Death of a Tomato Plant – Or, The Tomato Plant That Could

The life of the Tomato Plant That Could was something of a miracle.  Last year, my husband and I purchased a bunch of tomatoes-on-the-vine from the grocery store and had managed to eat all but one.  It sat on our kitchen counter for days and days, until we thought it ought to be getting mushy by now.  But instead of getting mushy, something very strange had begun to happen.  See, the tomato had been sitting in the one spot in our house that gets direct sunlight for the better part of a day.  And the sunlight had somehow caused the tomato to start growing SPROUTS!  My tomato was growing new tomato plants!

Astonished, I decided to try and plant the tomato in a pot to see how it did.  So I got a pot and some dirt from the store and planted my sprouting tomato in it.  I set it outside on my balcony to grow.

It did grow.  The little shoots and sprouts began to grow up out of the dirt, until there were too many and I knew it would be too crowded to grow all plants healthily.  So I pulled a few out until just one solitary tomato plant was left.  It grew and grew, and I soon realized that, as a vine tomato, its plant didn’t look like regular tomato plants.  It was lithe and bendy, and should probably have something to climb up.

So I took a couple plastic ties from a top that didn’t need them and tied my tomato plant to our balcony fence.

It grew and grew, and much to my delight, when the time came, it even grew a couple of flowers!  It was such a pleasure to see those little flowers from a random grocery store tomato.  Unfortunately, the plant never grew fruit, but the flowers were enough for me.  ‘Maybe next year,’ I thought.

I cut down the tomato plant once fall came and it withered, and left the tomato in there for another year.  Much to my surprise and delight, earlier this summer I noticed another tomato sprout growing up from the dirt!  There was only one this time, but I promised myself I’d take good care of it, and maybe this year I’d even get tomatoes!  How exciting would that be?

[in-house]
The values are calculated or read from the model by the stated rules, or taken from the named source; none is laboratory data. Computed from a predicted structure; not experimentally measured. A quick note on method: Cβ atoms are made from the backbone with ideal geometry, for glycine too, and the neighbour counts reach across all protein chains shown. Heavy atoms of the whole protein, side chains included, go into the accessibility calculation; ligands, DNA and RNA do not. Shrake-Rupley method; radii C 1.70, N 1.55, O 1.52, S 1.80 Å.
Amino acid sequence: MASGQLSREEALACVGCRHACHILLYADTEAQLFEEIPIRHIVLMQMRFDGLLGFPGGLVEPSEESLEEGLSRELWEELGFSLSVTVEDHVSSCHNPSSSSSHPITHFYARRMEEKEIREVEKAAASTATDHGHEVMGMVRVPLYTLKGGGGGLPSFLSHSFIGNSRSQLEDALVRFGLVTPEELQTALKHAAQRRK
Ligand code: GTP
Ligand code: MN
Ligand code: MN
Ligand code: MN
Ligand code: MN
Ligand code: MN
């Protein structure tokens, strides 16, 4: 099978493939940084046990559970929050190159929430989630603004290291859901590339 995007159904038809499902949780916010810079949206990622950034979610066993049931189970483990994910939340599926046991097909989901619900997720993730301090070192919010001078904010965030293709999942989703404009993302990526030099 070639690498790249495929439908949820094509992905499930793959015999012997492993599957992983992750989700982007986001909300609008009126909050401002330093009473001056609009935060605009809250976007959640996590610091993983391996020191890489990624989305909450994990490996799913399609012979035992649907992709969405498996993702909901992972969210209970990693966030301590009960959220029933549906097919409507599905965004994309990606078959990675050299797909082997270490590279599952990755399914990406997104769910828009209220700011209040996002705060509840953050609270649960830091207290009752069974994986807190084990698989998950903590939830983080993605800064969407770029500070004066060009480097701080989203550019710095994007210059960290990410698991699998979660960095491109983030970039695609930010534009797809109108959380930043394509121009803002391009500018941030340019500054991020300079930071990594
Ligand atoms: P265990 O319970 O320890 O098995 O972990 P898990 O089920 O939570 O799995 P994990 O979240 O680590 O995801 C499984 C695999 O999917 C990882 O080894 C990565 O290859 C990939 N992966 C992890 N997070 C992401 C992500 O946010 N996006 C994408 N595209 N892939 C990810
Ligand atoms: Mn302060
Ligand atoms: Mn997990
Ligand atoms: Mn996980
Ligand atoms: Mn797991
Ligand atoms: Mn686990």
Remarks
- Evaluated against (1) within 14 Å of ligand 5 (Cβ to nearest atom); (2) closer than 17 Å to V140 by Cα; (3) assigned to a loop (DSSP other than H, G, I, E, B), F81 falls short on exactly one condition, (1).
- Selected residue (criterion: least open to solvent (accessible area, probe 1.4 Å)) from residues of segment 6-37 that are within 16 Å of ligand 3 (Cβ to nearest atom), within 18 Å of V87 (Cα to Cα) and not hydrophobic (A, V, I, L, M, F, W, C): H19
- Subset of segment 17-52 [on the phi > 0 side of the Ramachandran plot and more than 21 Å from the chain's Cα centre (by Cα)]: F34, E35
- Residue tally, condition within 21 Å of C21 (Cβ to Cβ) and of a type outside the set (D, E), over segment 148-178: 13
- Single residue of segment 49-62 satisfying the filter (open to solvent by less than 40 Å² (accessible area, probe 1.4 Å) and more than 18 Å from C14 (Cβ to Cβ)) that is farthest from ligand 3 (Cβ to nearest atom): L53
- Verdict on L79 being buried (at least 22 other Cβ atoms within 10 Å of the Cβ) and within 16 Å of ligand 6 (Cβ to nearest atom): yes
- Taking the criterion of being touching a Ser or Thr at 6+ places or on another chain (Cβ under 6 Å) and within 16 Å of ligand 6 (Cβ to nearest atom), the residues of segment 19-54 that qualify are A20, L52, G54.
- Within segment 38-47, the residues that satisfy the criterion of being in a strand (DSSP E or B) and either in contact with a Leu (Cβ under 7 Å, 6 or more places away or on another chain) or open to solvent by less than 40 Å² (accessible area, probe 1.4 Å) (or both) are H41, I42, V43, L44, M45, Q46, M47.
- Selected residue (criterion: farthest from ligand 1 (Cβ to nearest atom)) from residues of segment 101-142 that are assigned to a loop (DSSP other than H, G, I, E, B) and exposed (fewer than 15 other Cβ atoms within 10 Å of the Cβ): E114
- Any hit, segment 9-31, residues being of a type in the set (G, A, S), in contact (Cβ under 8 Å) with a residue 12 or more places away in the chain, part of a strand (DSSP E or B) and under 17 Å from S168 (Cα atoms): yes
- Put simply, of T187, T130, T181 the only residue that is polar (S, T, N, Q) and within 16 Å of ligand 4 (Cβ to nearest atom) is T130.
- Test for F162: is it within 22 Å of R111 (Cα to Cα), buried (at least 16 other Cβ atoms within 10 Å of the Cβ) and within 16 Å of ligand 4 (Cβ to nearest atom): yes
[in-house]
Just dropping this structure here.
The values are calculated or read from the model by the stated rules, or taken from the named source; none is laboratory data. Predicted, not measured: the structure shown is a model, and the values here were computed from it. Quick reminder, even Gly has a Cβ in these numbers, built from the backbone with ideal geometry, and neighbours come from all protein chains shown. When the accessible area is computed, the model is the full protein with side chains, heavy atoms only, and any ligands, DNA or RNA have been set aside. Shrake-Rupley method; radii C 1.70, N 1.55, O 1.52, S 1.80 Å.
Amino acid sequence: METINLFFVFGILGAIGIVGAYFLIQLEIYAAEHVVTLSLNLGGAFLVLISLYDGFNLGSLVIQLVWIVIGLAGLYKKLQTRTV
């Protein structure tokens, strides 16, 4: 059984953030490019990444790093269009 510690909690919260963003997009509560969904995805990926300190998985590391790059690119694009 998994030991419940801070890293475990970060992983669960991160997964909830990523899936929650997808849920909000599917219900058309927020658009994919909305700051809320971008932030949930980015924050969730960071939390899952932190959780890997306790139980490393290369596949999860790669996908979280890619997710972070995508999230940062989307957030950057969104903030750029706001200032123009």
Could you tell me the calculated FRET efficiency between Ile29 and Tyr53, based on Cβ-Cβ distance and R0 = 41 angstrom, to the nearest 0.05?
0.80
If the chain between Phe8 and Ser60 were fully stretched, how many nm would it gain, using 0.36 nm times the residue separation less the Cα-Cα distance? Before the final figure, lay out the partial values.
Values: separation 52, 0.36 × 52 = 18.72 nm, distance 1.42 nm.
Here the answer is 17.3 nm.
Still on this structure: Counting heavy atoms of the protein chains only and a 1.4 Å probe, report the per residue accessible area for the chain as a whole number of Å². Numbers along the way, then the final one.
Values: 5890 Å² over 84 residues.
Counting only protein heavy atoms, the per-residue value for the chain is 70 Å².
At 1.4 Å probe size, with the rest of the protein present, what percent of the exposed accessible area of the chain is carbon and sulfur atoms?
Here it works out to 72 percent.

So I put the pot on a sunny part of our balcony, near the fence, and let our very rainy spring and summer do the watering, until 85 degree days came and I had to take the responsibility of watering it myself.  It looked a little bit pathetic, but I promised myself to take good care of it so it would grow.

A couple weeks before June ended, the apartment management told us that they would be repainting the complex.  They said they would be doing our half of the apartments on June 24, 26, and 27, and the other half of the apartments on July 6, 7 and 8.  They asked us to remove all items from the balconies so this procedure could be done.

I removed my tomato plant and three other pots, plus a bag of soil, from the deck and brought them inside.  But June 24, 26, and 27th came and went, and no work was done in our apartment or on any of the others on our side of the complex.  Scratching our heads, my husband and I returned our items to the deck, trusting the apartment management to let us know when they would REALLY be doing the work.

Back on the deck, my tomato plant grew and grew until it got too tall and started bending again.  So I took one of the ties from last year and tied it to the fence again.  I watered it only as often as I remembered, which probably wasn’t enough.  But it grew another 4 inches above the tie, and I began to look forward to seeing little flowers bloom on it again.

Then the terrible day of July 8, 2011 came.  I returned home from picking up my paycheck that Friday.  The first thing I saw was a sign on our neighbor’s door that said they would be doing our apartment on Monday, July 11.  I was glad for the warning and decided to get my stuff off the deck as soon as I got inside.

But when I got inside, I heard all sorts of noise coming from our deck.  Through our half-closed blinds, I saw two men working on our balcony.  I moved closer and saw, to my horror, that the fence was gone–and so was my tomato plant.

Only the pot of dirt remained.  The plant had been entirely chopped off as the fence was removed.

Too horrified to speak, I moved in automatic mode.  I opened the sliding glass door and brought all my pots back in–including the one with a prominent empty spot where the Tomato Plant That Could should’ve been planted.

I cried in the shower over the loss of the plant.  It had been so full of hope and promise!  But it had met an untimely death because of the communication failures of our apartment management.

Little tomato plant, you were very brave.  You never should have sprouted in the first place, but you did.  You never should’ve grown in our limited balcony sunlight, but you did.  You never should’ve grown in spite of my off-and-on watering, but you did.  Those who murdered you will pay, in the form of a brand-new tomato plant for my deck.  But I will always remember you as the Tomato Plant That Could.


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Filed under Creative Writing, Nonfiction

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